The papers were full of stories about Namath being seen at the Bon Fire, the Racquet Club, the Palm Bay Club, here and there, but Ewbank denounced them as lies. I did see Namath, though, one evening in that restaurant, the Post and Paddock. He still was wearing his mandarin mustache and long sideburns, the Jets having decided to keep their face hair for luck, and he had on a maroon silk jacket, gray slacks and white shoes (more about that later). He was talking to someone, just slouching there by the table—you know how he stands, in the shape of a?—and smiling, knowing that everybody in the place was looking at him, and I heard someone say, "But of course he hasn't run into Billy Ray Smith yet."
The Baltimore Colts, who beat Dallas for the NFL championship, seemed very loose and relaxed for their first Super Bowl, being old heads at big games and not expecting too much trouble from the Jets. Baltimore has a very tough team—mentally tough, as coaches like to say—and they all work together with great cohesion, allowing no slackers. The Colts were 14�-point favorites. I thought they would win by more. So, I suspect, did they.
The Orange Bowl was filled up, naturally, and the spectacle was fantastic, hundreds of luscious girls prancing about, bands playing, balloons floating against that bright blue sky, colors everywhere, a feast for the eyes. Then out came Namath in his white shoes, and my heart sank. As you know from countless arguments with me about it, if I were to select the 10 best quarterbacks in professional football today, Namath would be somewhere toward the bottom of the second five. Maybe the white shoes have much to do with my opinion. I think white shoes are appropriate aboard ship or on a tennis or basketball court, but on a football field, Max, I hate to say this but they look, well, sort of arch, in the sense of being sportively mischievous. There is no question that Namath has a wonderful arm (he has to have, the way he so often throws off the wrong foot), but the shoes are not at all to my taste.
The Colts scored as soon as they got the ball. Jimmy Orr made the touchdown on a 27-yard pass from Earl Morrall. It was so easy that I believe it actually hurt Baltimore. Here they were, all geared up to play a fierce game, and instead of a manly struggle they just strolled right down the field and scored. An early touchdown, too simply obtained, can dull the mental edge of the team that scores it. The Colts seemed to lay back as though the rest of the afternoon would be no less of a lark. They were decidedly wrong.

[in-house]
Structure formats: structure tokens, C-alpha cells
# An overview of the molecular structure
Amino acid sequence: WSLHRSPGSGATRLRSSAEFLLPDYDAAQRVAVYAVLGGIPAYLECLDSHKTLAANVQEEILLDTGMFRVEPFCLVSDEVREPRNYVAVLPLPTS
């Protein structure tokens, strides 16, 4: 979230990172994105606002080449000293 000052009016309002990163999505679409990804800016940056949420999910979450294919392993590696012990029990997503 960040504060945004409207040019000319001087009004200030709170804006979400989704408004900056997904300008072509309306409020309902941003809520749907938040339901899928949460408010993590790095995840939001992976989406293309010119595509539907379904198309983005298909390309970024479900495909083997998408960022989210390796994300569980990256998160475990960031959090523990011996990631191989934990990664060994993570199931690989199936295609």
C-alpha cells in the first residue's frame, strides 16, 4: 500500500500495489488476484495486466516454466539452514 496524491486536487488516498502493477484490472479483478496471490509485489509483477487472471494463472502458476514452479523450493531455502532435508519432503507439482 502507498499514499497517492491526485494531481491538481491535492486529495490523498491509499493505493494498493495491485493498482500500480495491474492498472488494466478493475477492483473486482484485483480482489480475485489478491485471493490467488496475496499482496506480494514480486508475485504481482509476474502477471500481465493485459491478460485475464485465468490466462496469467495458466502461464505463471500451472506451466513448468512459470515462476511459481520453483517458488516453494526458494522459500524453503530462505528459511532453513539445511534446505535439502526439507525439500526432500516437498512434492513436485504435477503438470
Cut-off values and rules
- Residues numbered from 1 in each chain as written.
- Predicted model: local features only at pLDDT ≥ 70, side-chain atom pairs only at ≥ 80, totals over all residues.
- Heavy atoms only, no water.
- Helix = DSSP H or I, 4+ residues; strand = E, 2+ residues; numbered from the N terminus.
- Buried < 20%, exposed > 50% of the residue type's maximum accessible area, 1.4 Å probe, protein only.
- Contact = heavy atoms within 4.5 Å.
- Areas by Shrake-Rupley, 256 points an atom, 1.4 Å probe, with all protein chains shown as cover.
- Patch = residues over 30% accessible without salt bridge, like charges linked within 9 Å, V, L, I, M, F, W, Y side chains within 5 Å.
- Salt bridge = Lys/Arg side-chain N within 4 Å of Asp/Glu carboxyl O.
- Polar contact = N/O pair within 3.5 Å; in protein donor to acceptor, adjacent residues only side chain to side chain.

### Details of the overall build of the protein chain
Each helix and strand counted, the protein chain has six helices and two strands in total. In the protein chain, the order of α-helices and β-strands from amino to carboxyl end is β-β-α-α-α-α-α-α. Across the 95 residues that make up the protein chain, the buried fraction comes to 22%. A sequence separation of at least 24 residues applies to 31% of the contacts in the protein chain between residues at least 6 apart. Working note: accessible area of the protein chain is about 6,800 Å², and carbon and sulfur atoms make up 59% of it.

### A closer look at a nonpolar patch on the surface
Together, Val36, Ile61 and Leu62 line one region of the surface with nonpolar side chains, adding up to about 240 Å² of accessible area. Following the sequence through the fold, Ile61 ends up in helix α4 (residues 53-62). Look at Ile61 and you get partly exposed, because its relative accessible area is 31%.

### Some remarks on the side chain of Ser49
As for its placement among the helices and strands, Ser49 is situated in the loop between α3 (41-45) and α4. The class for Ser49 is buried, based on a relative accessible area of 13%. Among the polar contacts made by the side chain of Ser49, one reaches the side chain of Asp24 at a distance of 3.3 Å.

Namath, you know, can be extremely sharp and just as extremely off, all in the course of one game. But when he is sharp he is astonishingly good, throwing the ball very quickly and precisely to a point. The Jets' main offensive strength is in pass blocking. Namath was keeping Mathis and Snell in the backfield for protection, and he was throwing beautifully. He mixed in a few of Ewbank's favorite draw plays to give the Baltimore rushers something to consider. The Jets were not able to run wide with any success, but Namath completed his first five passes before Turner missed a field goal.
In the second quarter Gerry Philbin leaped over a cut-block and smashed into Morrall, who left the field cradling his right hand in his left and bending over in pain and despair. He had a sprained thumb. Unitas came in. The Jets knew Unitas could not throw the ball far because of the tendonitis in his right arm, and so they crowded the receivers. Baltimore could not get consistent gains running against that quick Jet line, though the Colts kept trying to come back to their own left, refusing to believe that a 212-pound linebacker like Larry Grantham could not be brushed aside. With his arm obviously hurting, Unitas threw two interceptions to stop Baltimore drives. Namath began to look for Lammons, who caught four passes in the second quarter, one of them for 45 yards and a touchdown on a third-and-one situation. Turner kicked field goals of 37 and 21 yards and the Jets—amazing!—had a 13-7 lead at the half. Mackey almost scored in the last seconds, dragging Jim Hudson some 10 yards before Hudson could bulldog him down at the New York two as the clock ran out.